If a government car is fined for illegal parking, who pays?
We were troubled to receive the photograph that appears in today's column. The car is a Volkswagen Phaeton with the registration AM13, which means it is a government car. It is clearly parked illegally next to a sign which indicates no stopping at any time.
The photograph was taken yesterday at 7.42am outside the Hong Kong Club in Central by David Webb, editor of Webb-site.com. He says the chauffeur turned his back when he saw he was being photographed. We presume his boss was inside the club having breakfast.
Government vehicles are in theory not immune from being penalised for illegal parking, as detailed in the Application to the Crown section of the Fixed Penalty (Traffic Contraventions) Ordinance, Cap 237 section 3, which states that the driver of the government vehicle is liable for the fixed penalty.
However, as Webb observes: 'Of course, it has no deterrent effect on Government cars, since (a) the police probably don't touch them and (b) if fined, the Government would be paying a fine to itself. (It will presumably reimburse its drivers or compensate them to cover the cost of any such fines). But how can the Government expect others to comply with a law that they breach themselves?' How indeed?
Clearly, he's insincere
Why is it that whenever Environment Secretary Edward Yau Tang-wah speaks about the quality of Hong Kong's air you get the impression he means the opposite to what he says. At yesterday's press conference announcing that the government would implement new air quality objectives (AQOs), he said it was, 'A clear demonstration that the government and the community is very eager and keen to update the air quality objectives'.
This is presumably why, under his leadership, the government did nothing for two years after public consultation on the AQOs, and why his department dragged its feet so much it had to be told by the ombudsman to get a move on. Now it's going to take another two years to implement them.
Yau reeks of insincerity. Indeed, so sincere is the government that it will allow environmental impact assessments for infrastructure projects to use the current outdated air quality standards. This is not a government 'eager and keen' to clean Hong Kong's air.
It follows publication of a report on the government's record on cleaning the air by the Civic Exchange think tank last week. It also coincides with the release of an updated Hedley Environmental Index, which reveals the average annual number of avoidable deaths attributable to air pollution over the last five years was 3,200, more than three times the previous annual estimates of 1,000 avoidable deaths.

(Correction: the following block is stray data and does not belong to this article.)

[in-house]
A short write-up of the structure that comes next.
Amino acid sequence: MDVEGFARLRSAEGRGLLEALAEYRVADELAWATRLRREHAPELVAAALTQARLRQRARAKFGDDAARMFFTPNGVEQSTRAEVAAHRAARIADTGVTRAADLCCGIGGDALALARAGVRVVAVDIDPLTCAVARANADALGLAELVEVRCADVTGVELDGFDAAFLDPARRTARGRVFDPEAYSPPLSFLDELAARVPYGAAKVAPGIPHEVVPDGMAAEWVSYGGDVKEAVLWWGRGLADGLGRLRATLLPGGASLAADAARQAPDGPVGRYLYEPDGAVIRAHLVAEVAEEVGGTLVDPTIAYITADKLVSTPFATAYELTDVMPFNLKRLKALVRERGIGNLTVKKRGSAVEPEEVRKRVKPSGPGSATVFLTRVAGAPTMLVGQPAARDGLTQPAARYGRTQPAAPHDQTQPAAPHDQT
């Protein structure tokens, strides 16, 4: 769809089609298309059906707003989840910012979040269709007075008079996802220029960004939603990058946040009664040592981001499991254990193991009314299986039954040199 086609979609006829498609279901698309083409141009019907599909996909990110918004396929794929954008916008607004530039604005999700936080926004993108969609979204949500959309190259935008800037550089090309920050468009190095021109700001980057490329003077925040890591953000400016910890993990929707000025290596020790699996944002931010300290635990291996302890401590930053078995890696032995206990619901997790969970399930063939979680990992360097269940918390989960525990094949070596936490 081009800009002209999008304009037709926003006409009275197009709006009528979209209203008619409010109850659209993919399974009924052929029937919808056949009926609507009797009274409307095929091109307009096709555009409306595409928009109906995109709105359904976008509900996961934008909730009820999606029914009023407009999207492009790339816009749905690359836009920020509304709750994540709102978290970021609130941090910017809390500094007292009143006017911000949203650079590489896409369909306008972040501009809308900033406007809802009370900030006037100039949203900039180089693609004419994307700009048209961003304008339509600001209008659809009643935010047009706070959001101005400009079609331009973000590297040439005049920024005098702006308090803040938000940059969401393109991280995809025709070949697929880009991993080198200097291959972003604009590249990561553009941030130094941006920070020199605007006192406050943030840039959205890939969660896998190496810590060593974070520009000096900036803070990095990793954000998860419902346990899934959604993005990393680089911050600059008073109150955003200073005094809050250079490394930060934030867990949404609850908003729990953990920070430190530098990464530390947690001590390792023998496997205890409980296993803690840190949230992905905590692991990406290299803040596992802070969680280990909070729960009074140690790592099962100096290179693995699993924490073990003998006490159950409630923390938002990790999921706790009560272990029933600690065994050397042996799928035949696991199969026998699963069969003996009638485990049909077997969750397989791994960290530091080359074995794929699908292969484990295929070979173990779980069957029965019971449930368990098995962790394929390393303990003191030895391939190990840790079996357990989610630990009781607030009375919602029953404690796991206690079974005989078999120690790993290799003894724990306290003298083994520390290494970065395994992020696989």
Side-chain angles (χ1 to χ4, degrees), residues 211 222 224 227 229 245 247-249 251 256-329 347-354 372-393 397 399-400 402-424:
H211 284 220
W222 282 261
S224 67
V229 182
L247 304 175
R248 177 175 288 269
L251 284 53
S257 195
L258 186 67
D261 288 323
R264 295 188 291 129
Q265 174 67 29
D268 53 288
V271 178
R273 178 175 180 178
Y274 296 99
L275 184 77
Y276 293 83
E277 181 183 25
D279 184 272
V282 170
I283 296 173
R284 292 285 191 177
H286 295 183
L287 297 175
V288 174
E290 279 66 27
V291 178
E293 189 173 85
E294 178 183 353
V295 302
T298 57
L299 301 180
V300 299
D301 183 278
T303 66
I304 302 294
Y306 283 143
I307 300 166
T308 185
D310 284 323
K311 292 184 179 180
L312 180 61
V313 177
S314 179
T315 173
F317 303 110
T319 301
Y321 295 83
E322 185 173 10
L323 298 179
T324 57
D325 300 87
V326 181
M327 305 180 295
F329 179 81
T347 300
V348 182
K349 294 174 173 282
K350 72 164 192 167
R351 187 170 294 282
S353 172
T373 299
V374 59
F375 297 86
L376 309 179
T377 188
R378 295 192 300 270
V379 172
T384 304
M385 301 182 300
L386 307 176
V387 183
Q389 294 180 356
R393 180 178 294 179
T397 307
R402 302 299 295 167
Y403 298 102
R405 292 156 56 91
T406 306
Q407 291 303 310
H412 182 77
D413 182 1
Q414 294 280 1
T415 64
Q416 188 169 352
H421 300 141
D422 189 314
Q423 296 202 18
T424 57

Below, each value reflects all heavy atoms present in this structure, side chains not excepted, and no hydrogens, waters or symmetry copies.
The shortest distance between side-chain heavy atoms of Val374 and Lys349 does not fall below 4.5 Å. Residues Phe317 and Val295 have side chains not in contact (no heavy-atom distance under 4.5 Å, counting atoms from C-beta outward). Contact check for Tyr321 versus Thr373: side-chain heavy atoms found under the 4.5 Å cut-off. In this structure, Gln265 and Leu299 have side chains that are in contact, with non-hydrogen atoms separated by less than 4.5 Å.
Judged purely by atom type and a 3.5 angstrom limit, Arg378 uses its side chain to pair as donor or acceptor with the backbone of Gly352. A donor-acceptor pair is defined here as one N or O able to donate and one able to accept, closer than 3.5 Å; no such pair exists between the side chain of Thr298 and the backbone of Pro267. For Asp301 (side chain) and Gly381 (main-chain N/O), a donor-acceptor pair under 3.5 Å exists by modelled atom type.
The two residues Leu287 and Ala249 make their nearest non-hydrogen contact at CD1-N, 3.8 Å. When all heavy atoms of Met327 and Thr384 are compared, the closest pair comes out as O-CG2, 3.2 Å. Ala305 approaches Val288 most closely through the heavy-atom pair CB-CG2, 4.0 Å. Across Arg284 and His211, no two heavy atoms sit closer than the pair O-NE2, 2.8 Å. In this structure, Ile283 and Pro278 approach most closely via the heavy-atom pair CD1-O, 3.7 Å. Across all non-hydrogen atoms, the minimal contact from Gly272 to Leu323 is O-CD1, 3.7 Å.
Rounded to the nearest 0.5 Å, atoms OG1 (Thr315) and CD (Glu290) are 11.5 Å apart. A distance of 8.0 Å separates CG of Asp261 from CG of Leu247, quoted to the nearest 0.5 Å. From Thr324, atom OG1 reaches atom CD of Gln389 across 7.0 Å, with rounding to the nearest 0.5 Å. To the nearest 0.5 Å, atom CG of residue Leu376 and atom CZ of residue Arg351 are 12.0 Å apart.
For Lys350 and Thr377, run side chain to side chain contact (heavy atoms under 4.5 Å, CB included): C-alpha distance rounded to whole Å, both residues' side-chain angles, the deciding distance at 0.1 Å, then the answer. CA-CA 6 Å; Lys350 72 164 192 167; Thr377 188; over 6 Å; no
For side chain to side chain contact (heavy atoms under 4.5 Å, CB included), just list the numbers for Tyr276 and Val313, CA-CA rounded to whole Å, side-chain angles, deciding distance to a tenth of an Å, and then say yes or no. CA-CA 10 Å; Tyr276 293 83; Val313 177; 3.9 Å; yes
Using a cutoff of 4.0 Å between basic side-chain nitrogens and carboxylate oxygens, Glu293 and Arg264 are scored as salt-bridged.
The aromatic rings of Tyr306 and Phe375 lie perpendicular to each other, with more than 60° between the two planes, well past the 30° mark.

'Even though the these new figures are substantially higher, the truly frightening thing about them is that they are still conservative figures that account for only short-term health impacts of Hong Kong's air pollution,' said the index's author, Anthony Hedley.
A verbal crisis
The rich and famous have been rubbing shoulders these past few days at the government's financial talkfest, which it hosts with the HKTDC. Ronnie Chan Chichung, chairman of the Hang Lung Group, had to be there, of course, but seemed to be lacking his usual verbal fluidity while chairing a panel on Monday.
Somehow he mangled the title of the event - Asian Financial Forum - calling it instead 'Asian Financial Crisis'. Time for a new hard drive perhaps?
Bitter Mellon blasts private equity
Tamara Mellon, the founder of Jimmy Choo shoes, has been getting things off her chest on Twitter.
First she recommends 'Snakes in Suits Interesting read about people who work in Private Equity'. Evidently this stirs something within her and she later tweets: 'In the New Year - I will give interviews and talk about the MONSTER Private Equity has become and the VULTURES that operate in it.' Then this escalates to: 'Looking forward to revealing, my experience of Private Equity's abhorrent greed.'
This came to the attention of The Sunday Times which remarks: 'While we're all dying to hear what Mellon has to say, it's worth remembering that she hasn't done too badly out of wretched private equity. In the past 10 years, Jimmy Choo was bought and sold in four deals - three of them being to private equity houses. In the last deal to Labelux, the German luxury conglomerate, Mellon, 44, bagged ?5million.'
Then Mellon tweets: 'It's the PE boys that made 100's millions out of me - not other way around.' So a win-win situation or maybe a just a case of tweet tweet ...